F. Whereas Madagascar was the sixth largest mica exporter worldwide in 2017 and the biggest global exporter of sheet mica which is used extensively in the cosmetics (lipstick), electronics (mobile phone, laptops) and automotive industries (trains, cars); whereas the country’s mica exports have increased from 2,000 tons in 2010, to more than 48,000 tons in 2018; whereas in 2018, the European Union, and in particular Estonia, ranked second on the list of importers of mica from Madagascar, while China imported 84 percent of all mica from Madagascar.
G. Whereas Madagascar ranked 162 out 189 countries on the UN’s Human Development Index (HDI) 2019;
H. Whereas the EU Charter of Fundamental Rights explicitly prohibits child labour and promotes the protection of young people at work with EU trade, the promotions of human rights and development cooperation policies to eradicate child labour;
I. Whereas the European Parliament repeatedly called in various resolution for legislative initiatives on mandatory due diligence and whereas the President of the European Commission, Ursula von der Leyen, has committed to a zero-tolerance policy on child labour in EU trade agreements;
J. Whereas through the African Union Agenda 2063 , and the recently signed Ten-Year Action Plan on the Eradication of Child Labour, Forced Labour, Human Trafficking and Modern Slavery in Africa (2020-2030) African countries are committed to eliminating all forms of child labour on the continent in accordance with target 8.7 of the United Nations 2030 Agenda Sustainable Development Goals (SDGs).
1. Strongly condemns the exploitation of child labour and the unhealthy and precarious working conditions in the mica-mining sector in Madagascar;
2. Urges all EU and international companies sourcing mica and mica-based products to assure the full respect of all regulations and international relevant conventions to grant the full respect of workers’ rights and to end child labour exploitation;
3. Calls on all EU and international companies to observe the principles of Fair Trade and of ethically sourced goods and materials.
4. Calls on the government of Madagascar to fully implement its commitments under ILO Conventions No 182 on the worst forms of child labour and No 138 on the minimum age for admission to employment;
5. Calls on the Commission to take urgent measures to help the Madagascar authorities to effectively and permanently tackle the problem of child labour in the country.
6. Urges the EU to approve a binding due diligence regulation to prevent forced labour and child labour products from entering the EU market;
7. Calls on the Commission to promote multilateral rules for sustainable management of Global Value Chains, including mandatory supply chain due diligence and transparency requirements, and full respect of all ILO core conventions and environmental standards and agreement.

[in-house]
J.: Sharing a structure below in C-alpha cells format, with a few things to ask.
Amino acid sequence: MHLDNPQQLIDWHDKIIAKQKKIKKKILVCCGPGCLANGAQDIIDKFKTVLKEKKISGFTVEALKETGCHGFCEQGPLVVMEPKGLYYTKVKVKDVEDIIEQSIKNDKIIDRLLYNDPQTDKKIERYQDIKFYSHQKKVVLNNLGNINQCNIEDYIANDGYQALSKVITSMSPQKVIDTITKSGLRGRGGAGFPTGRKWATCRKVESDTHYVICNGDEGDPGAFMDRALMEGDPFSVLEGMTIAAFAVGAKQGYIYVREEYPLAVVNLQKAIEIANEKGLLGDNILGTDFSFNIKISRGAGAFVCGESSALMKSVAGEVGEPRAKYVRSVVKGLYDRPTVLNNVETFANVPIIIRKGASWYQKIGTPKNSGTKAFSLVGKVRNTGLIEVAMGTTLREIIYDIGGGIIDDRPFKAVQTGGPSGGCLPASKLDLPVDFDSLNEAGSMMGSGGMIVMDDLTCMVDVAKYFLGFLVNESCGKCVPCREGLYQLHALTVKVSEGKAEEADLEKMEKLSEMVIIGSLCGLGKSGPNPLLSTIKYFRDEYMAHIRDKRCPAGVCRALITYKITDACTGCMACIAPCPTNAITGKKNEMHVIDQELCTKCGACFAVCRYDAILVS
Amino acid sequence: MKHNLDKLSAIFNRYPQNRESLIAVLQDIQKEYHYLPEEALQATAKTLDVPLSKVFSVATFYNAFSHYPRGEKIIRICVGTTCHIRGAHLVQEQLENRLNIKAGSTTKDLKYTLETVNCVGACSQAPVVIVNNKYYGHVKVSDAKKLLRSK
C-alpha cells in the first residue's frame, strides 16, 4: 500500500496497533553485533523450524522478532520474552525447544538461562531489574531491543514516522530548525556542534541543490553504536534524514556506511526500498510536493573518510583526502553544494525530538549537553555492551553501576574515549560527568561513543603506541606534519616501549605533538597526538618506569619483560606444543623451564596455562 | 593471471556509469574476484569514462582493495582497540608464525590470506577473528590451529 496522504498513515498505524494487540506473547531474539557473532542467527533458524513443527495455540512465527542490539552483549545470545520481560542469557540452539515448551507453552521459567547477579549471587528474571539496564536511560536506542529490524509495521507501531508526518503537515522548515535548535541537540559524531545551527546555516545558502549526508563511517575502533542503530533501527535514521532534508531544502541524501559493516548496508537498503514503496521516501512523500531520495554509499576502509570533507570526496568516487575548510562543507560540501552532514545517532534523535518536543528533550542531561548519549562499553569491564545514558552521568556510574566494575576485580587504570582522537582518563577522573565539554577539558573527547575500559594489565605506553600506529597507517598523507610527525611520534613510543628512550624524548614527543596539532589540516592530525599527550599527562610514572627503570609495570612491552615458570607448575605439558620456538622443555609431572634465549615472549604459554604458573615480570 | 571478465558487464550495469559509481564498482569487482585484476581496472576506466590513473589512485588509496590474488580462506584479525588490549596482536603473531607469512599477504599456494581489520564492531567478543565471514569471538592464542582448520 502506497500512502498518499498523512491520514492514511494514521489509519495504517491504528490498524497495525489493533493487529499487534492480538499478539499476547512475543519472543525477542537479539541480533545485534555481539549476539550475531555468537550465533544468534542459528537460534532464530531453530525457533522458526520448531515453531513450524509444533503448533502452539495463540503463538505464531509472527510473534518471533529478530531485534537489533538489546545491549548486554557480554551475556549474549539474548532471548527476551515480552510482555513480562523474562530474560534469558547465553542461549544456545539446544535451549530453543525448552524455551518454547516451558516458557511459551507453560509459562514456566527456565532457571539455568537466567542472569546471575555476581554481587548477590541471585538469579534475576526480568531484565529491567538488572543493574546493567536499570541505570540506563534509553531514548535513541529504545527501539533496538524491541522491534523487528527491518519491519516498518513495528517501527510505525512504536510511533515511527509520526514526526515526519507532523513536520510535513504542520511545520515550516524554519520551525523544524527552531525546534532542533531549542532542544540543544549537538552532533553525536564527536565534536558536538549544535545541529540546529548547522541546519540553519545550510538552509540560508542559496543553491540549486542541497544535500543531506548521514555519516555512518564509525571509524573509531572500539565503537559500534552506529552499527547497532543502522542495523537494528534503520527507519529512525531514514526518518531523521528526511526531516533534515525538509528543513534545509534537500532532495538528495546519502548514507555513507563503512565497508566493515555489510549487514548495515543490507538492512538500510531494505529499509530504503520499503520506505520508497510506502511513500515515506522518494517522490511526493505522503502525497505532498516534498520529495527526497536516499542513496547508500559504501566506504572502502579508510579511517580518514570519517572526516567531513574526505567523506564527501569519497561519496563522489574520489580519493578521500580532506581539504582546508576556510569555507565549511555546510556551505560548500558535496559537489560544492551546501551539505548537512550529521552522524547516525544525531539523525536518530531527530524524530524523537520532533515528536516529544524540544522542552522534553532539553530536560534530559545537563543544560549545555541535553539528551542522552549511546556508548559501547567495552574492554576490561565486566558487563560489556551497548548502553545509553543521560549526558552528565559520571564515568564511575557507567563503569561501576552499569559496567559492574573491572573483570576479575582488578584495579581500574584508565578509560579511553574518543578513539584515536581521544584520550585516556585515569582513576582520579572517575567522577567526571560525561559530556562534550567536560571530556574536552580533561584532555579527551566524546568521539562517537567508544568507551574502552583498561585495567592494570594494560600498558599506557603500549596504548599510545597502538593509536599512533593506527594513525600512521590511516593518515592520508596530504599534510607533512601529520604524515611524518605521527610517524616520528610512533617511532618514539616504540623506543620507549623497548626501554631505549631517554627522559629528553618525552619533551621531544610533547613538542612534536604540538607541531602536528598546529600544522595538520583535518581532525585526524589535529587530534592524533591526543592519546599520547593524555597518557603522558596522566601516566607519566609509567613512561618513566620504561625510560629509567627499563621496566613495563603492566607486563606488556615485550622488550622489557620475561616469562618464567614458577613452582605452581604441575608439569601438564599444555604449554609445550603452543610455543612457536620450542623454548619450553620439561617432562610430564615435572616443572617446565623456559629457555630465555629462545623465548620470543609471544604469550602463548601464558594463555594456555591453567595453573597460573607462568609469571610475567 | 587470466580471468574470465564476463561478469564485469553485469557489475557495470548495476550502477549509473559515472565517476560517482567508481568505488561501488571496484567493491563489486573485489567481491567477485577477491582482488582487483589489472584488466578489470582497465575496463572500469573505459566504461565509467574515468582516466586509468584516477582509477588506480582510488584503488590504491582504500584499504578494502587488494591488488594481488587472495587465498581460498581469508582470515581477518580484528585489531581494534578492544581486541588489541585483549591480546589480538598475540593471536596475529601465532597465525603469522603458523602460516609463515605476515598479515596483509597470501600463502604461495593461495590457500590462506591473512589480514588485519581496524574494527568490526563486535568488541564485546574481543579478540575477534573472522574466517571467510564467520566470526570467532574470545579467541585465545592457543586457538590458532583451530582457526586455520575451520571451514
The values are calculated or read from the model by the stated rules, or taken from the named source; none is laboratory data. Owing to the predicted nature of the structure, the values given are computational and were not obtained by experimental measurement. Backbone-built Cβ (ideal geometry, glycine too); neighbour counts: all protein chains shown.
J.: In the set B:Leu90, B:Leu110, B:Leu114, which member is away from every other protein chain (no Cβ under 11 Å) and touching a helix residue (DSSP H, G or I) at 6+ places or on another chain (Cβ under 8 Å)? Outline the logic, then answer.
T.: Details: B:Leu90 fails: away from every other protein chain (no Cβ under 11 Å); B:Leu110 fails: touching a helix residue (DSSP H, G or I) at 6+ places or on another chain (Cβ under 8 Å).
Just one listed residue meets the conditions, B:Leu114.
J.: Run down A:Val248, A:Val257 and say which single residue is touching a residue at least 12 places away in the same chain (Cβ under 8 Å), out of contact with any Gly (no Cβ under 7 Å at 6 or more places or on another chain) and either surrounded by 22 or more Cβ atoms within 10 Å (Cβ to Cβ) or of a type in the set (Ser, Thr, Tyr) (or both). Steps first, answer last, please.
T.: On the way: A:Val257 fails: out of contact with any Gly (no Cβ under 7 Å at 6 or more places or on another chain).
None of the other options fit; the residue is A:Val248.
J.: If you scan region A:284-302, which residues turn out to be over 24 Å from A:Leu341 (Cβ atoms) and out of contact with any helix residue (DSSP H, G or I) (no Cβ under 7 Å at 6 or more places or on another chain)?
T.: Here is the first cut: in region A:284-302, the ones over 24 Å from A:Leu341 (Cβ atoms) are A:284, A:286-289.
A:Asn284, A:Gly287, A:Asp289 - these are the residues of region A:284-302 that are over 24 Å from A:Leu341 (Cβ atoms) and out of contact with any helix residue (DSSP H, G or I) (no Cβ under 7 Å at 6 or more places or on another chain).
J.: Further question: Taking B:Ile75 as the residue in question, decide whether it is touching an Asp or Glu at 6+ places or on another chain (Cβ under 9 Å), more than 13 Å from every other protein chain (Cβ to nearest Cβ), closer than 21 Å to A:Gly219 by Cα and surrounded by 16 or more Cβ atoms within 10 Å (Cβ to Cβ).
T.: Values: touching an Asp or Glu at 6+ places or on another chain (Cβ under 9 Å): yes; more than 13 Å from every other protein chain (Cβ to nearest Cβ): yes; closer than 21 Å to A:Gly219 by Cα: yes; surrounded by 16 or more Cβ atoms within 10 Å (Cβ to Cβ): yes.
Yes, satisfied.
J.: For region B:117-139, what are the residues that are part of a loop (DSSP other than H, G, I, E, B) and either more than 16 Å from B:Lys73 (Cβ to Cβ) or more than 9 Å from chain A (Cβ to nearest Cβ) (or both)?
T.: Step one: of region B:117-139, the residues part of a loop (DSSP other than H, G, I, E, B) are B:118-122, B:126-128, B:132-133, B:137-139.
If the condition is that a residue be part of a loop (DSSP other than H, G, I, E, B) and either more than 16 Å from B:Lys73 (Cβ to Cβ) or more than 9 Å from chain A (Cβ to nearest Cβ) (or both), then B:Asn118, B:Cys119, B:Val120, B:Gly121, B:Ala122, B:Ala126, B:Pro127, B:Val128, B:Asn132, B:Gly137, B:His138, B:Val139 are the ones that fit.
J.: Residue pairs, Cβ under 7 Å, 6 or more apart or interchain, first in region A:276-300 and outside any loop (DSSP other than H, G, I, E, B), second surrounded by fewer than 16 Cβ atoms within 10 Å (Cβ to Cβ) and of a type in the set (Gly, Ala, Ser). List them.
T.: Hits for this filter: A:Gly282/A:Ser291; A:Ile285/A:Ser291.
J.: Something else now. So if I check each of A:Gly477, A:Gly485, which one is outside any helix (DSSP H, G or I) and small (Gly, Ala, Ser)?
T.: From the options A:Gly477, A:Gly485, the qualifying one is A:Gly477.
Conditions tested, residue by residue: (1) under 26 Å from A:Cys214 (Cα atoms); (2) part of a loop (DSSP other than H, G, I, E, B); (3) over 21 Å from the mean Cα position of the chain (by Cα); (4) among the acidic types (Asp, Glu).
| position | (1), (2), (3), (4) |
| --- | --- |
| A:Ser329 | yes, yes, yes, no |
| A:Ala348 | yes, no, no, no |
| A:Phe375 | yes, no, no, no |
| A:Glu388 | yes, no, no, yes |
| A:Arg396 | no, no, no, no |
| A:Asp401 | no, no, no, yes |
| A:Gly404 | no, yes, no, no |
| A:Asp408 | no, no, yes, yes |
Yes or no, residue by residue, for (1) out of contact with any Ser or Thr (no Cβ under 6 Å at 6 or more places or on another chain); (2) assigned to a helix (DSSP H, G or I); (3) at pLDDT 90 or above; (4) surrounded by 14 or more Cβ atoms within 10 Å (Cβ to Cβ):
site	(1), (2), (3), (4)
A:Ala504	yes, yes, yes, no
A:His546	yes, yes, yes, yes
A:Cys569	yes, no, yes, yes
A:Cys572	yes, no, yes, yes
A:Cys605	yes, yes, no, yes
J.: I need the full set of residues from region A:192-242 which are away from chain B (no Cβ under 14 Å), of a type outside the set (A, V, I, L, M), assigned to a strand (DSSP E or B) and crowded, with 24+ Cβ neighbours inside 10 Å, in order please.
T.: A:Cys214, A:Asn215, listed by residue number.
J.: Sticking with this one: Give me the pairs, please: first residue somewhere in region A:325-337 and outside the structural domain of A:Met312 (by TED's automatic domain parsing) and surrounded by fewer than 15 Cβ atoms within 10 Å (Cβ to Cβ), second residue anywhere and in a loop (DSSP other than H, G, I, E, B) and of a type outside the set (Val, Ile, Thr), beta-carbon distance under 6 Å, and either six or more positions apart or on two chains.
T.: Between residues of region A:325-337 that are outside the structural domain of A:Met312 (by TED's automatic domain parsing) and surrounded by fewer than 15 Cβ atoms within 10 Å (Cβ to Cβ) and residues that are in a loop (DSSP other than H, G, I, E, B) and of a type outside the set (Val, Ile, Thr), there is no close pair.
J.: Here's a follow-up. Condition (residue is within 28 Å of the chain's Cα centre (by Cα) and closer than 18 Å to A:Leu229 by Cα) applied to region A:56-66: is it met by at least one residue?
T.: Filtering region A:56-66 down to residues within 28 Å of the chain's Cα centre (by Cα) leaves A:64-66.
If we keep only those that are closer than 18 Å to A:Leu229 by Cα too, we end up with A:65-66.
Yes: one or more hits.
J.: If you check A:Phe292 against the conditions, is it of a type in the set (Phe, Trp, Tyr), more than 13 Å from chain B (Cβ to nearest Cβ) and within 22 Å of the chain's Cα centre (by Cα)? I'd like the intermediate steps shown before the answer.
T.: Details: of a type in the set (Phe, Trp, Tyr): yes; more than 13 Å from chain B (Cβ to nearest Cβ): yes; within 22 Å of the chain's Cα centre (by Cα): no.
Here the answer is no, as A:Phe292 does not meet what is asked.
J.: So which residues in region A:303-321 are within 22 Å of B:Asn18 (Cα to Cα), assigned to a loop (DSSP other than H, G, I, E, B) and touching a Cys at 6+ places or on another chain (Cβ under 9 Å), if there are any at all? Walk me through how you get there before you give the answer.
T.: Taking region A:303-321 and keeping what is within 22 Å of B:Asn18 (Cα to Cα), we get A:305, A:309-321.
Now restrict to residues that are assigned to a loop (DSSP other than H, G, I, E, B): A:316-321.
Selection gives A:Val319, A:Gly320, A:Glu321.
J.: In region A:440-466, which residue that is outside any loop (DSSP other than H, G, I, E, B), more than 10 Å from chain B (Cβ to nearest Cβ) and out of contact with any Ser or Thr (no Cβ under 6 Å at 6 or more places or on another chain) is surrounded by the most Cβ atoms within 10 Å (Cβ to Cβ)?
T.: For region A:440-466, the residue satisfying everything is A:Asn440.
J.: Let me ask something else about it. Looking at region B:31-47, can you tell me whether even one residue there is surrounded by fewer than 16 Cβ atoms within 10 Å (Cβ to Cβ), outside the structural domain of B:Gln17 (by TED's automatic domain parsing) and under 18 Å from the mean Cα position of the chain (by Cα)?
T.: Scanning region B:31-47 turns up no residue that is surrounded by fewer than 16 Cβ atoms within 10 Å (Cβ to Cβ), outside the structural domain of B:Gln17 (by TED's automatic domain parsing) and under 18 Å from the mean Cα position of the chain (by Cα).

8. Urges the Commission to set up a working group with the PR China as the main importer of mica from Madagascar to identify efficient measures to prevent child labour in sourcing from Madagascar;
9. Regrets that the current EPAs are not in line with the objectives of sustainable development and in contradiction with the principle of policy coherence for development. Asks the Commission to review its trade policy towards African countries and EPAs, aiming for a fair partnership that fully takes into account the differences between European and African economies and the achievement of the SDG’s; calls on the Commission to make a cooperation programme for the eradication of child labour in Madagascar a condition for any conclusion of the ongoing negotiations for a comprehensive EPA agreement with the ESA countries..
10. Stresses the need for including binding and enforceable mechanisms to implement the respect of human rights, workers and child rights and environmental standards in all EU trade agreements,
11. Calls on the Commission and the Member States to seriously engage in the negotiations on a binding UN Treaty for Transnational Corporations and Human Rights;
12. Takes note that the so called EU ‘conflict minerals’ regulation will come into effect in January 2021, with the Commission due to report on its implementation to the European Parliament by January 2023. Calls for the review to take into account the impact of the regulation on the ground and include an assessment of broadening its scope to minerals such as mica in the promotion and cost of responsible sourcing;
13. Instructs its President to forward this resolution to the Government of Madagascar, the Vice-President/High Representative of the EU for Foreign Affairs and Security Policy, the Commission, the Council of the European Union, the ACP-EU Council, and the Secretary-General of the United Nations, the SADC and the Commission of the African Union.